Why Every Celebrity Should Use a .SUCKS Domain

Why Every Celebrity Should Use a .SUCKS Domain

Celebrities are used to criticism. They get it from their fans and industry rivals; they see it on social media and in tabloids. It’s why celebrities like Taylor Swift are quick to snap up .porn and .adult domains—they want to own them before anyone else can. 

Purchasing these domains is a genius move when it comes to online reputation management. And there are plenty of other ngTLDs that celebrities can use to protect their name and brand, including .SUCKS (Yup…Taylor Swift owns that one, too!). Let’s look at the reasons why this domain is a powerful one for every celebrity—and their PR teams—to have in their arsenal.

1. Support a Cause

American football player kneeling before game starts

In a world where celebrities are becoming politicians and politicians are becoming celebrities, failing to tell their audience what sucks is a huge missed opportunity. Think about it. Celebrities are spokespeople, whether they want to be or not—they’re expected to comment on political issues and to make the right social moves. Even pro athletes are getting pulled into the mix. 

When Colin Kaepernick knelt during the national anthem to protest police brutality against African Americans, it had huge repercussions, including alienation from the NFL. But when it comes to a cause as important as #BlackLivesMatter, advocates like Kaepernick use this publicity to make their message even louder.

PoliceBrutality.Sucks could have been Kaepernick’s response to the ensuing drama—or a great landing page for Nike’s ensuing campaign. Sometimes someone’s reputation dips because they take a hard stance against a tough issue. In that case, they need to dig their feet in and not give up. 

2. Stand Up to Haters

Sometimes “bad” reputations become attached to specific groups of people, and celebrities are not immune to this. Like anyone else, they may be discriminated against  based on their nationality, gender, sexuality or a myriad of other things. In these cases, celebrities need to turn a reputation back on society and ask if they’re the ones who are in the wrong.

Take Amber Rose’s SlutWalk, for example. The model described her initiative in an article for Harper’s Bazaar: “We’re just spreading awareness and I think that whether being sexually assaulted or slut shamed, women in general, we’re just not taking it anymore.” A person’s body and sexuality shouldn’t impact their reputations—and Rose, who has been victim-blamed for sexual assault in the past, wasn’t afraid to turn convention on its head.

Celebrities can turn their “negative” reputation into a positive force for change. They can speak out about why society feels entitled to label people a certain way and let them know that what they’re doing sucks. In fact, SlutShaming.Sucks could be Rose’s next online endeavor. Celebrities shouldn’t be afraid to remind their fans that it’s others’ poor judgement that sucks.

3. Amplify a Story

Taylor Swift at the 2018 American Music Awards

Many celebrity spats come down to one thing: whoever has the loudest voice. Celebrities are trying to convey their POV to literally hundreds of thousands of people, and they need to take up as much space as possible. Having a URL like .SUCKS screams “Look at me, now!”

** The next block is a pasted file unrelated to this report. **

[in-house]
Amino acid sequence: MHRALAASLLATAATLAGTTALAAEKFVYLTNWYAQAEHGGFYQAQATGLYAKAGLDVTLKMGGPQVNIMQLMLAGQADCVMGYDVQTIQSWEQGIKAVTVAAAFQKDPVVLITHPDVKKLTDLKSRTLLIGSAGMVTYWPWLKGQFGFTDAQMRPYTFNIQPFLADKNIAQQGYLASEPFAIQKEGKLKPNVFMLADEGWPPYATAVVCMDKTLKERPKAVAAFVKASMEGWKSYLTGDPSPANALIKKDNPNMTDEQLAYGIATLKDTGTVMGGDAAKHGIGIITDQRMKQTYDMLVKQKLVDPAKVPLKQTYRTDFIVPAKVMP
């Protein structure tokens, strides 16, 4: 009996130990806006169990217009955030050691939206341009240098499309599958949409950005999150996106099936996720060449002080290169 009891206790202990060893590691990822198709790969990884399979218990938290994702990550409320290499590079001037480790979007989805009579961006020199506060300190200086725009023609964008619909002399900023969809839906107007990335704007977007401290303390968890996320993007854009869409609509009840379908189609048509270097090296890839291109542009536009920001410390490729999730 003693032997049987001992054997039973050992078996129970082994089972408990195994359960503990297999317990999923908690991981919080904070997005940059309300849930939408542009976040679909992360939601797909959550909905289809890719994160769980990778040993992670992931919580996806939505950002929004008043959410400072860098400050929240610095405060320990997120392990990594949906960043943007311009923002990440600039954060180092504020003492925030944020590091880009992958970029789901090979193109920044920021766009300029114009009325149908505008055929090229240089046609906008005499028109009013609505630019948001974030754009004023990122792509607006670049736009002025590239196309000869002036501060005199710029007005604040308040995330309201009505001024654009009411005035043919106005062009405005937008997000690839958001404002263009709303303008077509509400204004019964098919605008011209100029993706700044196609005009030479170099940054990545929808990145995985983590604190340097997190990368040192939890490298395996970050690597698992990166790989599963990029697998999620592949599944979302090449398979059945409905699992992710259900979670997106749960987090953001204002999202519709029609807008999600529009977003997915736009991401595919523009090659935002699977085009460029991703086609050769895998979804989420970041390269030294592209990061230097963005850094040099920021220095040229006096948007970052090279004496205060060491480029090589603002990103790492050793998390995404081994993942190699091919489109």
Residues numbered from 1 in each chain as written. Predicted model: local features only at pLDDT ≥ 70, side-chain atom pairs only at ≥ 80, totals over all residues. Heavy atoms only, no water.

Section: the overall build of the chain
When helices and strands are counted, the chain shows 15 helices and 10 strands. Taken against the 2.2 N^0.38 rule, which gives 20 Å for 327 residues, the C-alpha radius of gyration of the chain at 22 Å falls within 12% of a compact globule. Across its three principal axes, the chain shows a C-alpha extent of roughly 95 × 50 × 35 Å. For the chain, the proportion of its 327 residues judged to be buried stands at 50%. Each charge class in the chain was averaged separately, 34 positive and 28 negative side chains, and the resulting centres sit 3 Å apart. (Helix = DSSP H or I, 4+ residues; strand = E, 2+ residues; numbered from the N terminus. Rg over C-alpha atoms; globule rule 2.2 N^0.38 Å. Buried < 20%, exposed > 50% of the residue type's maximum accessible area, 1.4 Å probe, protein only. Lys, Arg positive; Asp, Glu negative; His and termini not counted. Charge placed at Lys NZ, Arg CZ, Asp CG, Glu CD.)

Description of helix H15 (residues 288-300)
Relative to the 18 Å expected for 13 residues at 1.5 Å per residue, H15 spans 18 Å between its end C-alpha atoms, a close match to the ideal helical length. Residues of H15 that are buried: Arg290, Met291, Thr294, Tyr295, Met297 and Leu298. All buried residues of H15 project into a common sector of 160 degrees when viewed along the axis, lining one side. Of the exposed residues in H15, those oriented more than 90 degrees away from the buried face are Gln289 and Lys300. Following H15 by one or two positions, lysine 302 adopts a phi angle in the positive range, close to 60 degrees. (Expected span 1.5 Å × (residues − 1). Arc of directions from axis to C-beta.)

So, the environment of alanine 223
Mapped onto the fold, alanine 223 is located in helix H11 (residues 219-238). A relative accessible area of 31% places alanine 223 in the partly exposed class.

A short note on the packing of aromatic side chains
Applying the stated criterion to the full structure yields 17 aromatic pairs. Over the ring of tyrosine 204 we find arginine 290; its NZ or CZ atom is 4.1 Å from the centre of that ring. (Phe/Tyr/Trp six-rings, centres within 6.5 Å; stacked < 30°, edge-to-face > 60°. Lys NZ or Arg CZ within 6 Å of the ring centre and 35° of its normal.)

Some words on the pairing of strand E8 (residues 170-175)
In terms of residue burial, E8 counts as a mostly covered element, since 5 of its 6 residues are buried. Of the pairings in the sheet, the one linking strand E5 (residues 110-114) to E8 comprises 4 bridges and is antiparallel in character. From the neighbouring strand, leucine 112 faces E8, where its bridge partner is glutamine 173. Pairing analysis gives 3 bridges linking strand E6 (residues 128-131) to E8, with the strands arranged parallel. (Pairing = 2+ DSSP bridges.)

Celebrity feuds, like Taylor Swift vs. Scooter Braun, exemplify how imperative it is to spread a message with haste and sincerity. Feeling bullied by the music industry bigwig, Swift penned a letter to explain how she felt cheated out of owning the masters to six of her early albums. Her message circulated on Tumblr, Instagram, Twitter and elsewhere. But how much of a bigger impact would it have had if she purchased a custom URL—like ScooterBraun.Sucks—to host it?

The Takeaway

For any celebrity, their reputation is their livelihood. A fall from public grace means they run the risk of alienating fans, losing gigs and becoming too risky for sponsorships. There’s a delicate balance between being true to oneself and trying to please an audience. It’s a tough space to navigate and even the most social-savvy celebrities trip up.

Here are some creative and constructive ways celebrities can rely on a .SUCKS domain to bail them out if they find themselves on the wrong side of public opinion:

  • Hand out “awards” for the best Twitter roasts with [Celebrity].Sucks—this lets celebrities in on the joke and proves that they can laugh at themselves.
  • Highlight a celebrity’s charity work, donations and other causes. A URL like Cancer.Sucks is a more assertive and creative way to spread a campaign message.
  • Bonus: For celebrity reputation consultants, YourReputation.Sucks could be a good hub to attract new clients.

Online reputation management can be tough for celebrities. It’s not a one-and-done task—reputations will change over time and public opinion can be fickle. Every move a celebrity makes is being judged, and one slip up can land them in hot water thanks to the trial-by-fire world of social media nowadays. They need to be prepared for the worst, even if they expect the best. And every celebrity and their team needs to be prepared to respond quickly if anything gets out of hand.

Photo Credits: Shutterstock / Tinseltown, Shutterstock / AstroStar, Shutterstock / Tinseltown